– Summer squash differs from fall and winter squash in that it is harvested before the rind hardens and the fruit matures. Summer squash come in a variety of shapes and colors. This year, we are growing yellow pattypan squash, and zephyr zucchini! Summer bush varieties take up less space than vining Winter varieties, and if kept picked will keep producing right up to frost. The delicate flavor, soft shell and creamy white flesh of summer squash is a perfect addition to any summer meal. Try this recipe, easy and delicious! Summer Squash Pancake
– One of our favorite fruits, Figs are beginning to ripen! For an amazing treat, slice ripe figs into 1/4 inch rounds, top with a little goat cheese and drizzle with a good balsamic vinegar. Divine! If you love figs as much as we do – Save the Date for San Diego’s first Fig Fest!
Powdery Mildew –
The warm summer months combined with moisture from our gardens creates a perfect environment for powdery mildew to thrive. Powdery mildew first appears as white powdery spots that may form on both surfaces of leaves, on shoots, and sometimes on flowers and fruit. These spots gradually spread over a large area of the leaves and stems. Leaves infected with powdery mildew may gradually turn completely yellow, die, and fall off, which may expose fruit to sunburn. Severely infected plants may have reduced yields, shortened production times, and fruit that has little flavor. Special resting spores are produced, allowing overwinter survival of the species that causes the disease in squash, lettuce, peas, and certain other crops.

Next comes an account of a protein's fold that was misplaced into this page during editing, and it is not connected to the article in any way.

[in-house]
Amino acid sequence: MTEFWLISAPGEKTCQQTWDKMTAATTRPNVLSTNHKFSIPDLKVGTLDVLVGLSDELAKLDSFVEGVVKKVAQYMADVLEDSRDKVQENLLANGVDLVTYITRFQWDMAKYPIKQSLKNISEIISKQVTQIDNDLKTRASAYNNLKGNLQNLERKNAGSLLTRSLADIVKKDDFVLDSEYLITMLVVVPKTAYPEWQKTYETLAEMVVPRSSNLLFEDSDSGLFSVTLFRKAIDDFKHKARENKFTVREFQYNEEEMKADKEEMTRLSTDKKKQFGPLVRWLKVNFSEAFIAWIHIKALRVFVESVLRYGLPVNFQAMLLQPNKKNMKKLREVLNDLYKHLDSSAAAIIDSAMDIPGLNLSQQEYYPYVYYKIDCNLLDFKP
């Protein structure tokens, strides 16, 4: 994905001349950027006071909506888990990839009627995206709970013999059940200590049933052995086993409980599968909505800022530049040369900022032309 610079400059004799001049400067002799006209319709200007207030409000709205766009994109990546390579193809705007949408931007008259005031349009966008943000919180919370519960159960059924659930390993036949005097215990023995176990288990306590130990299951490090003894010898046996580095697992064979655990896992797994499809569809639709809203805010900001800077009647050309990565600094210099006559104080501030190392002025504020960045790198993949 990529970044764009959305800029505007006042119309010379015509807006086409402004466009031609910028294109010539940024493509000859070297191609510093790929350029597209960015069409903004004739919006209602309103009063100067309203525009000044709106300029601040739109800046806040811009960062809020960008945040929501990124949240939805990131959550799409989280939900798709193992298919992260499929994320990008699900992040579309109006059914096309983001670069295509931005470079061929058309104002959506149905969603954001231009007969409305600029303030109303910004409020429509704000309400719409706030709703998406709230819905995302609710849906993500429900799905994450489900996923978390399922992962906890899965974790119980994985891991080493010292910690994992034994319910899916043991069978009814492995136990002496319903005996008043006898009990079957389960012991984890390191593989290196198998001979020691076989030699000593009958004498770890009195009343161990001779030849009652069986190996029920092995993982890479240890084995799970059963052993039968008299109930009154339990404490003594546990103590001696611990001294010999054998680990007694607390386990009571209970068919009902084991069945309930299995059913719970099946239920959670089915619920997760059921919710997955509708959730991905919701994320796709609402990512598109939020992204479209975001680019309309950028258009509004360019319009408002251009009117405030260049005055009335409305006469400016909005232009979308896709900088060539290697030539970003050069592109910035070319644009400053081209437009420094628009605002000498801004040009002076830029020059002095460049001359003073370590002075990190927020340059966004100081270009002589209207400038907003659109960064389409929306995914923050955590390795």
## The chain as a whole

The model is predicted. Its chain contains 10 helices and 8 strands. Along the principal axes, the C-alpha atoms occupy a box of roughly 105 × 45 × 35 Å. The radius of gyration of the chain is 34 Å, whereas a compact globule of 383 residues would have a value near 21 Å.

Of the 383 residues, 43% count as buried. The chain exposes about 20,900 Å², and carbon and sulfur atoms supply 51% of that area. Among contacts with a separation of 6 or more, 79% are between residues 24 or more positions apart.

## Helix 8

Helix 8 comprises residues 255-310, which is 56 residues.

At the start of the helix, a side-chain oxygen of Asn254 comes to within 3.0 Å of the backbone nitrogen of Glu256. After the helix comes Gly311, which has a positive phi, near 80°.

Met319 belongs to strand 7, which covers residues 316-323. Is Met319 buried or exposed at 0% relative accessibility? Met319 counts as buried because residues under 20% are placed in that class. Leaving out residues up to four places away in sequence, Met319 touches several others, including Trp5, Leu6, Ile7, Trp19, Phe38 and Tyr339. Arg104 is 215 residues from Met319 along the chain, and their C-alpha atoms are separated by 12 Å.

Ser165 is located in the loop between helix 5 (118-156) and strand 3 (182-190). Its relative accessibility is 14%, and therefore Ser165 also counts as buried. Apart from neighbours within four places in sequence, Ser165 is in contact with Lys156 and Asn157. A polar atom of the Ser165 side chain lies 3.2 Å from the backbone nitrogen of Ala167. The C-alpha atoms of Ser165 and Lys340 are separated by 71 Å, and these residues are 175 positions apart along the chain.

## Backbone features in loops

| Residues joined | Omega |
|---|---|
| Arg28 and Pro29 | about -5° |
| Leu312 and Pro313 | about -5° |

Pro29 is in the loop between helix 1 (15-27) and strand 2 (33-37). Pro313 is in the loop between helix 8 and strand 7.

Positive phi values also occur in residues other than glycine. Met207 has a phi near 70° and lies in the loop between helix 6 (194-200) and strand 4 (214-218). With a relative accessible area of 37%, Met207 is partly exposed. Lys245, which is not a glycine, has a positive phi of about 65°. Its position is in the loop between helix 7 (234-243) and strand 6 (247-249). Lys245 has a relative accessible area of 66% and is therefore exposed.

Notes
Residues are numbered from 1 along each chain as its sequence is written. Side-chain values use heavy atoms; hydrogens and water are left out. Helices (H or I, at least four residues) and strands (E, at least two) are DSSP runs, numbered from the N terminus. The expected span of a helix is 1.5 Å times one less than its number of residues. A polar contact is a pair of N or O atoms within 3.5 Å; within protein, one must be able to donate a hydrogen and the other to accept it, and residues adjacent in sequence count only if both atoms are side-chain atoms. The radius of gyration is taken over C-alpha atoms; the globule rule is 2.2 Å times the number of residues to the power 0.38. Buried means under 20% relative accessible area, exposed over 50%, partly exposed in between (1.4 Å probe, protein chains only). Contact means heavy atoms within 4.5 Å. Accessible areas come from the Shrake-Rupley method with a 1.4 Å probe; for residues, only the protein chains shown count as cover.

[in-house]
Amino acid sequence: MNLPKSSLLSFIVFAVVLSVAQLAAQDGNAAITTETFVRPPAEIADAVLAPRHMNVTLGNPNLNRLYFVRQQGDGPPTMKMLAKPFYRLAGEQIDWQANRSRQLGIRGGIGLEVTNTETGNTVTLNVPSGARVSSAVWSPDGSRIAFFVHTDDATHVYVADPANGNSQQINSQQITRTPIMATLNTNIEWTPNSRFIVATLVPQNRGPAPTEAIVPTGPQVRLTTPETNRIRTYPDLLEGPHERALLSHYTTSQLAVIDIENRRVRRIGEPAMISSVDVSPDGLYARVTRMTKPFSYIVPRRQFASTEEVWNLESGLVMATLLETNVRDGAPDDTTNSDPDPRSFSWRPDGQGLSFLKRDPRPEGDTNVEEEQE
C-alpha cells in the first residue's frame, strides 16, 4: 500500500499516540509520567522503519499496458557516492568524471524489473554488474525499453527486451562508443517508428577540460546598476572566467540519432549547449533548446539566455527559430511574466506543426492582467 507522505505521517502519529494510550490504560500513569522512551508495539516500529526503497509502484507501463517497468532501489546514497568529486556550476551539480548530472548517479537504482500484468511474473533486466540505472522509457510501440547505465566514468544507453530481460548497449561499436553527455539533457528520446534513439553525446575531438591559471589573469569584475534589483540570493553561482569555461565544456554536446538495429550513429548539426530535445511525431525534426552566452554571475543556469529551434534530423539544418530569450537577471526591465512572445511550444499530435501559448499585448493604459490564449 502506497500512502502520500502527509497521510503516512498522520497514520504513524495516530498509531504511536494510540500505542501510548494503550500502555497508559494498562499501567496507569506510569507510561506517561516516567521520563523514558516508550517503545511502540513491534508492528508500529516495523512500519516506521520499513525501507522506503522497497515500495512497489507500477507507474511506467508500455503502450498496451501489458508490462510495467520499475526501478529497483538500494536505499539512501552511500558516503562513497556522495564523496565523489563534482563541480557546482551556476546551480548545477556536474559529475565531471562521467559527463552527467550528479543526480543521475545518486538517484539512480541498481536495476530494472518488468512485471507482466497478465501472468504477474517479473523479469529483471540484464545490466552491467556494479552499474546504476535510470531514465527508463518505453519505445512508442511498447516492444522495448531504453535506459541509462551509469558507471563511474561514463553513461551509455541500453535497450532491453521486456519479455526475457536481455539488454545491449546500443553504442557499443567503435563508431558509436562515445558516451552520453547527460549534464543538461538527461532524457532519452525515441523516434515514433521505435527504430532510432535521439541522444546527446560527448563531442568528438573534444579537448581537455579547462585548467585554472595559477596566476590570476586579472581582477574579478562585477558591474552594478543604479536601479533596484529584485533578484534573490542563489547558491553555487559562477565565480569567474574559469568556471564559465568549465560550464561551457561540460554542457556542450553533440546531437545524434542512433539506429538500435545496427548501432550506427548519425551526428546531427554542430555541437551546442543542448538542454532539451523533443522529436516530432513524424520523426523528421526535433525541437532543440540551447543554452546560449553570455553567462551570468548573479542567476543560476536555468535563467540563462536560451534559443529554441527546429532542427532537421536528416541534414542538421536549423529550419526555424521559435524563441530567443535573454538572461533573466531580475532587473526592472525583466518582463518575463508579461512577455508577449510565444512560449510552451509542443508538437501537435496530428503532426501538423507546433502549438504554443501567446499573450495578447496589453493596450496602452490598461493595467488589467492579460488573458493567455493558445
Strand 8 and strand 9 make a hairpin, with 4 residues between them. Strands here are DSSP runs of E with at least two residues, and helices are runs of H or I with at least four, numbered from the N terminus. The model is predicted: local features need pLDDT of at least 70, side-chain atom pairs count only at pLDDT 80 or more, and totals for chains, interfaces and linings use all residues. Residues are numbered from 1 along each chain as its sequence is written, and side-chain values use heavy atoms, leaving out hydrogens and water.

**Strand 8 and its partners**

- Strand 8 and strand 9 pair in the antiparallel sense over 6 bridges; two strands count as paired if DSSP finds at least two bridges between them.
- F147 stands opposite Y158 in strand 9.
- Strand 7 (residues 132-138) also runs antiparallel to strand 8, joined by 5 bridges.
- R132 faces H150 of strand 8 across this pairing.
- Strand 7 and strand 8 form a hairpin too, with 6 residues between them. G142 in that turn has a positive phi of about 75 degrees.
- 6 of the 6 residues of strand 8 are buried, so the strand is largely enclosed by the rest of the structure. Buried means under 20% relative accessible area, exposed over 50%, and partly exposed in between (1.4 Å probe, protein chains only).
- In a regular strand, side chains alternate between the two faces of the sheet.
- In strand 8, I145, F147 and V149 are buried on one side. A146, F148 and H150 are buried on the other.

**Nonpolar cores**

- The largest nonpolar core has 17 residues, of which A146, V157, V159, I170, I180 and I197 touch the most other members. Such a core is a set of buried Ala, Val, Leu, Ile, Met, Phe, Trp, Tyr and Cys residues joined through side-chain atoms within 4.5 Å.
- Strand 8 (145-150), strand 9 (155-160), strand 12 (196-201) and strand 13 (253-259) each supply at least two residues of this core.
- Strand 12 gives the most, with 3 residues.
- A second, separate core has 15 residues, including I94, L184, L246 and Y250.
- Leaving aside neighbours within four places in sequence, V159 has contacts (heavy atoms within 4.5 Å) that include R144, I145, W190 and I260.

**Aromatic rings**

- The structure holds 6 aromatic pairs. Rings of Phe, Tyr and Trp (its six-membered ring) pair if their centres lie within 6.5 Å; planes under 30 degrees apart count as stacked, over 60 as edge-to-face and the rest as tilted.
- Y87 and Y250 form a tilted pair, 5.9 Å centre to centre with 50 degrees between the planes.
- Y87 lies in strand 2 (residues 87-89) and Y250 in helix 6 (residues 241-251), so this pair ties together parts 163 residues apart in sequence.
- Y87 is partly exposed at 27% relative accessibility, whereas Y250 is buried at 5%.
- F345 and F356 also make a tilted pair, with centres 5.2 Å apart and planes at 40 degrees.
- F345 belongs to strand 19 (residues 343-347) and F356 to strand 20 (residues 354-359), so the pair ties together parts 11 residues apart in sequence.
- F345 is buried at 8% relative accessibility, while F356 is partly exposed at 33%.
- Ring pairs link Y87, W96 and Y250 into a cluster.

Powdery mildew can be prevented, and it can be controlled once it appears, but it can’t be cured. The key to preventing it is planting mildew-resistant or mildew- tolerant varieties. Resistant varieties get less mildew than susceptible varieties; tolerant varieties may get some mildew, but it shouldn’t affect the performance of the plant. Prevention also includes siting plants where they will have good air circulation, and exposing as much leaf surface as possible to direct sunlight, which inhibits spore germination.
Biological fungicides (such as Serenade) are commercially available beneficial microorganisms formulated into a product that, when sprayed on the plant, destroys fungal pathogens. The active ingredient in Serenade is a bacterium, Bacillus subtilis, that helps prevent the powdery mildew from infecting the plant. This produce needs to be applied every few days to suppress the fungus, it is not a cure, but rather a suppressant. Other remedies include sulfur based products such as Safer brand garden fungicide and natural oil based products like Dr. Earth Disease Control Fungicide. For more information on Powdery Mildew go to the UC Davis IPM website